kazarey kazarey - 3 months ago 16
C++ Question

How do I track objects of a class using smart pointers?

I am trying to write a class whose objects are aware of each other (i.e. have a pointer to all the objects). I can't understand some aspects of implementation of this idea regarding smart pointers and static members.

The class can be thought of as a game object that needs to be able to access member functions and properties of other game objects.

To my best knowledge, the common way to implement the desired design is static vector which would contain the pointers to other objects. If operating by raw pointers, the task is not very complicated:

GameObject.h:

#pragma once

#include <vector>

class GameObject
{
private:
static std::vector< GameObject* > objects;
public:
GameObject()
{
objects.push_back(this);
}
};


GameObject.cpp:

#include "GameObject.h"

std::vector< GameObject* > GameObject::objects = {};


This would actually give what I need. But if I want to use smart pointers, things are not as straightforward to me. From this question and from the 'Effective Modern C++' book by Meyers I found out about
std::enable_shared_from_this
and
shared_from_this()
. But, additionally, the reference clearly states that
shared_from_this()
is allowed to be used only in case the object already owned by a
std::shared_ptr<>
.

So it is impossible to simply push into the static vector
this
pointers (or
std::shared_ptr
constructed over it) in the constructor in the same manner as previously. The minimum set of code allowing the design which I found out is the following:

GameObject.h:

#pragma once

#include <vector>
#include <memory>


class GameObject : public std::enable_shared_from_this<GameObject>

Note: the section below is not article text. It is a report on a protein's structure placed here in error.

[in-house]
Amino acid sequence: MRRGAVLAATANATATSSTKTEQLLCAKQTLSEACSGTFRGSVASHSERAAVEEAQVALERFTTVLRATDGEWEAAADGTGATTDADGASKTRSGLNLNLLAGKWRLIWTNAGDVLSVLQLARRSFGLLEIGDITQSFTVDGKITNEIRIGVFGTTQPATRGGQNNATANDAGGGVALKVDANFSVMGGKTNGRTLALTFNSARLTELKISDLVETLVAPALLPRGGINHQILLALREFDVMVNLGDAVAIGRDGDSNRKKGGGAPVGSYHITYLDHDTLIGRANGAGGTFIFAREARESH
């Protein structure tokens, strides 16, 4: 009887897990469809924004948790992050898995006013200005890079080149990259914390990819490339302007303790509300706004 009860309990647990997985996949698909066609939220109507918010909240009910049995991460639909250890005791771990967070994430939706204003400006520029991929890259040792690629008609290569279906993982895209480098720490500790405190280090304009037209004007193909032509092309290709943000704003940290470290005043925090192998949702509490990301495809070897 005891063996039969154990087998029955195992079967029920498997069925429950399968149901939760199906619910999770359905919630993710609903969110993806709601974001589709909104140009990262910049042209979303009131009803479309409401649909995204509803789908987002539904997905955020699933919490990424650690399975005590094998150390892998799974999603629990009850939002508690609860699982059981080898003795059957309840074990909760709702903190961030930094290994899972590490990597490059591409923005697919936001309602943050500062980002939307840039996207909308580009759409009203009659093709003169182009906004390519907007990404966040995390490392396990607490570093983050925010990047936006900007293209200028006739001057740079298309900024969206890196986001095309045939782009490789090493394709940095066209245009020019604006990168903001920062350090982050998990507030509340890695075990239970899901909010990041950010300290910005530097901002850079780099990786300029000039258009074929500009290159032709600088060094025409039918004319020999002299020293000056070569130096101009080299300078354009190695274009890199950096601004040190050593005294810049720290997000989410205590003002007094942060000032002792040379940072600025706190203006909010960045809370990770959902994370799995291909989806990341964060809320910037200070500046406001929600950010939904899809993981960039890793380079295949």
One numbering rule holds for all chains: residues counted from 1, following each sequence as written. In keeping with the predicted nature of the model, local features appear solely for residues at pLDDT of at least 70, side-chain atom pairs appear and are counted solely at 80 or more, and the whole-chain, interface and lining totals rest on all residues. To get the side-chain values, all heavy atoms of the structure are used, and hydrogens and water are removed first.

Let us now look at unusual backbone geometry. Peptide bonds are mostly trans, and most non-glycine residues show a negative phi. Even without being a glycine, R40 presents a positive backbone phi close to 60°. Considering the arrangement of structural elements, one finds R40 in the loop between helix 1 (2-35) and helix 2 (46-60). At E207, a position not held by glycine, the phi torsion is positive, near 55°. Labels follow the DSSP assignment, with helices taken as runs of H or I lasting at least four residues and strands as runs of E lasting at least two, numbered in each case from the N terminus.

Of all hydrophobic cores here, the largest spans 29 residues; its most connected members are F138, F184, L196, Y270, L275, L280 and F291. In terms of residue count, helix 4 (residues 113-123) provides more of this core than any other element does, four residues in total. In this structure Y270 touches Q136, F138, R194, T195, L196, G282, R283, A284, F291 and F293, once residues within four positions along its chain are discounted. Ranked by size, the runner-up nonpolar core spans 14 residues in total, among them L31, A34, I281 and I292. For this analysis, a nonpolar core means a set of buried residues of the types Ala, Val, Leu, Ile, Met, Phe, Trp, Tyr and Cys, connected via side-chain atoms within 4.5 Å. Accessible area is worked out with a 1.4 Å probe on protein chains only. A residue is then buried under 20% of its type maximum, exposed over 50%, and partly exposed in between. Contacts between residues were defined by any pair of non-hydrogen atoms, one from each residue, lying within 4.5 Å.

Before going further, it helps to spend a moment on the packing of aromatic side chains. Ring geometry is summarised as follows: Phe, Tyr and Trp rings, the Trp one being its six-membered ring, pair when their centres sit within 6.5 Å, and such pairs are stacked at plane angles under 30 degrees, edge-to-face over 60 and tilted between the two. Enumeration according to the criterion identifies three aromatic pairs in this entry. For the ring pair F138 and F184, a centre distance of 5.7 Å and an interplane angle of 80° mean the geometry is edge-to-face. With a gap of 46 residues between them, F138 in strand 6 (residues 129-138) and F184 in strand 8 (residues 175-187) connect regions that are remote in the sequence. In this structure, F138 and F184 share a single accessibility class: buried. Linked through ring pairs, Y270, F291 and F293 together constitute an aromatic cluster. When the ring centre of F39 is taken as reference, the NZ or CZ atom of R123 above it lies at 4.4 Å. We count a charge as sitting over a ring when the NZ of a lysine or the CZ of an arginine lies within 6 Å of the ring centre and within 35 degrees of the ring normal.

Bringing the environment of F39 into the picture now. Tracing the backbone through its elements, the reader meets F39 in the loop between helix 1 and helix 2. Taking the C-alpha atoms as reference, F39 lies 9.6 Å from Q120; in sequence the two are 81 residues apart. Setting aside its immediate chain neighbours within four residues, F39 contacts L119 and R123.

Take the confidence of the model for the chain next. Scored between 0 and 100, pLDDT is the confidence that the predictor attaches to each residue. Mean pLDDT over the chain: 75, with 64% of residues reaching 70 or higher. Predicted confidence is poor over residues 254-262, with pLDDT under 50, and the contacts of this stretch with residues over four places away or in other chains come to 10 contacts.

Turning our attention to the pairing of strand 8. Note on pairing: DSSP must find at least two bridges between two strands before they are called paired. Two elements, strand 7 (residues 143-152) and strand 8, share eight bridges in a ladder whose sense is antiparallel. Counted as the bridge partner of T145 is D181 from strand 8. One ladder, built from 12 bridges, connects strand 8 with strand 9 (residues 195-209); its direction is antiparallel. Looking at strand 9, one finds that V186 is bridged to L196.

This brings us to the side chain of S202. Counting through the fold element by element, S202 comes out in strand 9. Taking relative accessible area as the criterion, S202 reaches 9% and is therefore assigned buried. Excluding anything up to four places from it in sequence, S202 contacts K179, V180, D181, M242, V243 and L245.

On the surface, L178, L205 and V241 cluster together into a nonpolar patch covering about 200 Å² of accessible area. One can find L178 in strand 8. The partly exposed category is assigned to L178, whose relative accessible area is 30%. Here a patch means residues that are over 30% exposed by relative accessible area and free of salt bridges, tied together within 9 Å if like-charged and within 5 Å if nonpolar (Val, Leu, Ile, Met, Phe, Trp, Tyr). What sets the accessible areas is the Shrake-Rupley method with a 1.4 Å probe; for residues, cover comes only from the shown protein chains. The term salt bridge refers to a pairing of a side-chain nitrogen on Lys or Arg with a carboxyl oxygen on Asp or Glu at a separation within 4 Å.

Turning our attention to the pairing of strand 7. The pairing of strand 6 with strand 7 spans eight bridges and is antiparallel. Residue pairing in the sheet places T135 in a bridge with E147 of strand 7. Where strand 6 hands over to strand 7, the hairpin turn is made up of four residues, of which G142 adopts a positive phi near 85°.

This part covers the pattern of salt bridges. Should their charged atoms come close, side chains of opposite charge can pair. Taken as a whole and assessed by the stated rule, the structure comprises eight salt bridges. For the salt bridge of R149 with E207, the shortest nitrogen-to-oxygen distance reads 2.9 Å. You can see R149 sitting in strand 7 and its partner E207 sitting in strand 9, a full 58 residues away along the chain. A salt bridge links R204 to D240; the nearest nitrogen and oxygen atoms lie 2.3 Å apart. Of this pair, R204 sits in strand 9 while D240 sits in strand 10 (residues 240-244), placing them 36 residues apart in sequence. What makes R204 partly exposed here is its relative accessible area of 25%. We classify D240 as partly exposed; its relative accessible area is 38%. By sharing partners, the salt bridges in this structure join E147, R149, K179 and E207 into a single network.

{
private:
static std::vector< std::shared_ptr<GameObject> > objects;
public:
GameObject() {}

void emplace_ptr()
{
objects.emplace_back(shared_from_this());
}
};


GameObject.cpp:

#include "GameObject.h"

std::vector< std::shared_ptr<GameObject> > GameObject::objects = {};


main.cpp:

#include "GameObject.h"

int main(int argc, char* argv[])
{

std::shared_ptr<GameObject> game_object{ new GameObject{} };
game_object->emplace_ptr();
return 0;
}


So I am apparently obliged to create a pointer to the object somewhere outside and then explicitly call a method to push the pointer to the static vector (as I am not allowed to do this in constructor).

I am getting the impression that the required code is getting unnecessarily complex (comparing the raw pointer case) or I am doing something nonsensical.


  1. Does my strive for making object aware of each other make sense
    at all? Is it a common problem or some other approach is usually
    taken?

  2. Are static vectors a sound solution to the problem?

  3. How to construct such vectors using smart pointers, but, preferably,
    with no intervention from the outside and with no need to create the
    special function
    emplace_ptr()
    for the purpose?


Answer

You don't need enable_shared_from_this, instead you could have a static factory function which create the (shared) instance, puts it in the vector, and also returns it.

Something like

class GameObject
{
private:
    static std::vector<std::shared_ptr<GameObject>> objects;

    // Don't allow creation from outside
    GameObject() {}

public:
    static std::shared_ptr<GameObject> create()
    {
        objects.emplace_back(new GameObject);
        return objects.back();
    }
};

Then to get an instance you do e.g.

auto new_game_object = GameObject::create();

There is just one problem with this: The object pointed to by the shared pointer will never go out of scope as long as they are in the vector, and the lifetime of the vector is the lifetime of the program (because it's static). So you have to think of where and when to remove those instances from the vector.